DIY iSight night vision camera

Now that most all Apple computers come with their own built-in iSight, the standalone iSight has taken a bit of a back seat. It always was a gorgeous piece of Apple art, though, and I really wanted to use it in a functional way. An easy way was to attach it to the Mac mini I have in the baby's room, acting as a video baby monitor, but the iSight doesn't do that well in low light, and of course works not at all in no light. And while the audio was just fine, there are some neat new "push on motion" capabilities in camera monitoring software that I liked. It will even record on motion, thanks to today's update.

"Night vision" is predicated on the idea that infrared light bounces off of objects the same way that any other kind of light does, only that our eyes can't see IR light. So while a room could potentially be brightly lit with an infrared light source, you would see only darkness. Fortunately, camera CCDs aren't human eyes and many are as sensitive to IR light as they are to the visible spectrum. So, ostensibly, all you need is an IR light source. Heck, even a television remote control would do the trick, albeit dimly.

The problem is that cameras that are not intended as night-vision cameras have an IR filter built-in so that the camera's reaction is limited to light sources the human eye can see. And, specifically, on the external iSight, that filter is a coating that's bonded to a small block of glass inside the iSight.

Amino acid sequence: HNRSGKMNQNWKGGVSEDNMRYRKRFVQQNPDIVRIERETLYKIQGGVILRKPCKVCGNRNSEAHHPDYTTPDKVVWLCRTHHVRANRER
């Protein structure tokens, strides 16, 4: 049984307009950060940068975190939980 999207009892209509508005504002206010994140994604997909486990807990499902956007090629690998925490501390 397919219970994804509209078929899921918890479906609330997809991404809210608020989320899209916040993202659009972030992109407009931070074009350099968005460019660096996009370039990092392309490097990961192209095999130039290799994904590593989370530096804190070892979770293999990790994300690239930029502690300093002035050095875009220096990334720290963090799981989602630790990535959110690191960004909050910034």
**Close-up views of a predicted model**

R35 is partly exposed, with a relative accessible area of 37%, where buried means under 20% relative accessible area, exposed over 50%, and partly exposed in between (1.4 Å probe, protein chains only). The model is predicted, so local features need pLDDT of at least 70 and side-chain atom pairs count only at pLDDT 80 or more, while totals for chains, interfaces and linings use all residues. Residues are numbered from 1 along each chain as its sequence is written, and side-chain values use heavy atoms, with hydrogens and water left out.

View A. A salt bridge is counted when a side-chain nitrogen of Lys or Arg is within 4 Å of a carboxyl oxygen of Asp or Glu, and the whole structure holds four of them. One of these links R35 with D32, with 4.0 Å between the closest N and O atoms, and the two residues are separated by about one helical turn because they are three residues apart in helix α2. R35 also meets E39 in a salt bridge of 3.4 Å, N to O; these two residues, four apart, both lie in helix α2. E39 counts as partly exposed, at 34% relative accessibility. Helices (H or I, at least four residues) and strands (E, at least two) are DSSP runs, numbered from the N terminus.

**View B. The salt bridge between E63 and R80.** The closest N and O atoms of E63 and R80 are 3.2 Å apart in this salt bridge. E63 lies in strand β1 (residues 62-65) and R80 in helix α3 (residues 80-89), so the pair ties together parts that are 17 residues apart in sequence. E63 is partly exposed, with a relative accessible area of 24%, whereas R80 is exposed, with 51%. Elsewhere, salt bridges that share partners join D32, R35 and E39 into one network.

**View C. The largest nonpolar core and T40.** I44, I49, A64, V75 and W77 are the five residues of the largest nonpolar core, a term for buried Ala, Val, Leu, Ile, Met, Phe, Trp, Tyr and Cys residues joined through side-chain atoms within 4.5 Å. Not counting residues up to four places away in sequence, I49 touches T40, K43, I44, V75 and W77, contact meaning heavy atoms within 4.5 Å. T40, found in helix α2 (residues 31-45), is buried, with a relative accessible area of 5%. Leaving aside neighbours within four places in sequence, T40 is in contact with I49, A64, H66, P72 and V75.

Now I had a project. After first scoring a broken iSight on Craigslist, should I need parts, I took the iSight apart, took out the glass block, and removed the IR coating in a quick bath of sulfuric acid. [Do not try this at home unless you know what you are doing, please. –Ed.] You could see the film slide off the glass.

Once the iSight was reassembled and an IR light source applied, bingo! Night vision. The only downside has been that because sulfuric acid is a bit of a blunt-edged instrument (to put it mildly), whatever was giving it the ability to correctly sense the rest of the red is now gone. In the gallery, you can see the result in the last image. Ah well. If I ever want it to return to regular function, I can drop in the intact lens from the broken iSight. But for now, the increased range is a great asset. My iPhone is a little monitor that follows me around the house and pushes notification of any motion.

Special thanks to Jason Babcock, for blazing the trail on iSight tear-downs.